Chicago's High Powered gun slinger arrestees: When should they return to our streets on bail?

Mayor Lori Lightfoot: Having an AK-47 is against the law. So, that in and of itself... is a problem.  Obviously, the judge should look at how strong the prosecution's case is ...the other surrounding circumstances...  but [that] raises serious questions as to whether... that person should be out on bond...

Berkowitz: Even with no priors?

Mayor Lightfoot: Even with no priors, yes. Of course.

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Mayor Lightfoot: Since when is it a problem to put out public information. The [CPD dashboard] site... has, as its first banner, an appropriate disclaimer that the defendants in these cases are entitled to a presumption of innocence. But ... the public has a right to know what's going on in our courts.

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Lori Lightfoot:  ... We should get rid of cash bond, I fully support that. It does not make sense for us to incarcerate people on the basis of their financial status to pay, but the question should be: are they a danger to the community or are they a flight risk. If they are a danger to the community, taking into consideration their past conduct-- and their criminal history obviously is relevant to that-- as well as the charged offense, they should not be out on any kind of bail.  That is pretty straightforward.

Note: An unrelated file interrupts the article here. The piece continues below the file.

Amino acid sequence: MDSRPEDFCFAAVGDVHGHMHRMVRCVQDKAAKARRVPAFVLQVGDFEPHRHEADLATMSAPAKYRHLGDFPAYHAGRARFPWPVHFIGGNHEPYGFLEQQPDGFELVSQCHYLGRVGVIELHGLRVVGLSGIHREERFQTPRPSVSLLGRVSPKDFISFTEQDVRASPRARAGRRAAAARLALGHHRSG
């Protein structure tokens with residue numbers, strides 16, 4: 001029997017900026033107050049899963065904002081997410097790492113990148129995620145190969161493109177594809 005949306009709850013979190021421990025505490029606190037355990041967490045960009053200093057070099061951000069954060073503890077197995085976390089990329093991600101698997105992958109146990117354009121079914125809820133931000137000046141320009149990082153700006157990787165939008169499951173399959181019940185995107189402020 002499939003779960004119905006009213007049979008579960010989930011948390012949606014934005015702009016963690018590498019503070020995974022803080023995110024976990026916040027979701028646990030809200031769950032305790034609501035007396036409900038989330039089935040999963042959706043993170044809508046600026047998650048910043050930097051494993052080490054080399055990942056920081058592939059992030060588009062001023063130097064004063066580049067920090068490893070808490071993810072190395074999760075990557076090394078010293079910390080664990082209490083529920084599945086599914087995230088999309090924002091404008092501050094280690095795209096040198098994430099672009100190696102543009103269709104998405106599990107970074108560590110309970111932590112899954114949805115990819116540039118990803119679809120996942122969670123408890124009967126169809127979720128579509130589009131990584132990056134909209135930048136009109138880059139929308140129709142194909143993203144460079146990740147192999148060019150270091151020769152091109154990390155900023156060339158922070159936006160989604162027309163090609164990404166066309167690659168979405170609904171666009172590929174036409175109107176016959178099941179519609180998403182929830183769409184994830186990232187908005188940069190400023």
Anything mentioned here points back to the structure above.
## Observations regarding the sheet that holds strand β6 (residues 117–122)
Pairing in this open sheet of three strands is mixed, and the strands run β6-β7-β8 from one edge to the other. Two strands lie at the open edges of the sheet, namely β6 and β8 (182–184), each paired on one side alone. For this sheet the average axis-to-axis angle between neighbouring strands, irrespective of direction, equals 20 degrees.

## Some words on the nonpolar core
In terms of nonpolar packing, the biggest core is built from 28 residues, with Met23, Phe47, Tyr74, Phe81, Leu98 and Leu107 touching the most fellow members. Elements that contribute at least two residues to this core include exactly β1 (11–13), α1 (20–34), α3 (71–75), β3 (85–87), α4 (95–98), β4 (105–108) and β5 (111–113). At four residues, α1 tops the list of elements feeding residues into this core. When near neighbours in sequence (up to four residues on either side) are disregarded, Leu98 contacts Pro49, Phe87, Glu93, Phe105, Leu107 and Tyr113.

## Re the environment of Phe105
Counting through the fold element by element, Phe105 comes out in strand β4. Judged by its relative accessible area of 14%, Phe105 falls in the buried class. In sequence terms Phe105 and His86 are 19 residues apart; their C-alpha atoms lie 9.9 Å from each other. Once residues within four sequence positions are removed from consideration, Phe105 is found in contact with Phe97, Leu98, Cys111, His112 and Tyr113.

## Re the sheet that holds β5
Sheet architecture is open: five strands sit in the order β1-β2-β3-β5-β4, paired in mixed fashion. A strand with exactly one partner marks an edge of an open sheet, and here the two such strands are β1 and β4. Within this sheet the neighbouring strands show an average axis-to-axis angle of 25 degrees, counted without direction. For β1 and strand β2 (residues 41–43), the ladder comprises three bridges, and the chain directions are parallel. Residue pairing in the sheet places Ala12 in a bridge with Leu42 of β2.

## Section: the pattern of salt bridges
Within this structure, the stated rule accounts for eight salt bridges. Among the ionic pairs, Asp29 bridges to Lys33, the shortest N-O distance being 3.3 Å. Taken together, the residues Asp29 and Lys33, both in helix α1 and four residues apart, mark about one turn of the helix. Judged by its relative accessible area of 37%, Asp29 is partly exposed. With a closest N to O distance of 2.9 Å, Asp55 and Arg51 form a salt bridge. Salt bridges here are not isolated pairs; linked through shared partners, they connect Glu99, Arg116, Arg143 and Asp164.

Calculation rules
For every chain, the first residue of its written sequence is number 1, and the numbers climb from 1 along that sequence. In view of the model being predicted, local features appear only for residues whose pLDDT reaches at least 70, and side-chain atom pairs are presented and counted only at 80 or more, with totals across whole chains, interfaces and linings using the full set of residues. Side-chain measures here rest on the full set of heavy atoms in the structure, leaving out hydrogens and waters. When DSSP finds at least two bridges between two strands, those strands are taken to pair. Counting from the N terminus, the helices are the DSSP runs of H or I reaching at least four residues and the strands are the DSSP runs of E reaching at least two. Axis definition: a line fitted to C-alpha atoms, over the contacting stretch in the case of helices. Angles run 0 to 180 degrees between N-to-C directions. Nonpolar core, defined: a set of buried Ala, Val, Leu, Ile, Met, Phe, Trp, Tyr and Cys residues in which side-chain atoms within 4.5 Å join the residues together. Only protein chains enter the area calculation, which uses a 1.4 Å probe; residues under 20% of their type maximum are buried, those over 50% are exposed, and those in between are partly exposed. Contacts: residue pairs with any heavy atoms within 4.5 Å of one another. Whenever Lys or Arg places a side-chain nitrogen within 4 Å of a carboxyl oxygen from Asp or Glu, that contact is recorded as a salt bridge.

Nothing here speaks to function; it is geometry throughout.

Jeff Berkowitz: So, just one follow-up, because that was a question Paris [Schutz, in his WTTW Chicago Tonight interview of Chief Judge Evans] didn't ask], and I just wondered if you did discuss that with the Judge, Chief Judge [of Circuit Court of Cook County, Tim Evans] which is, if they are arrested for having in their possession a military stye weapon, whether it's an AK-47 or AR-15, something of that type, I think you said, just last week, that that in and of itself is a reason for the person not to get any bail- just detained- because they were a danger to the community, just having that gun-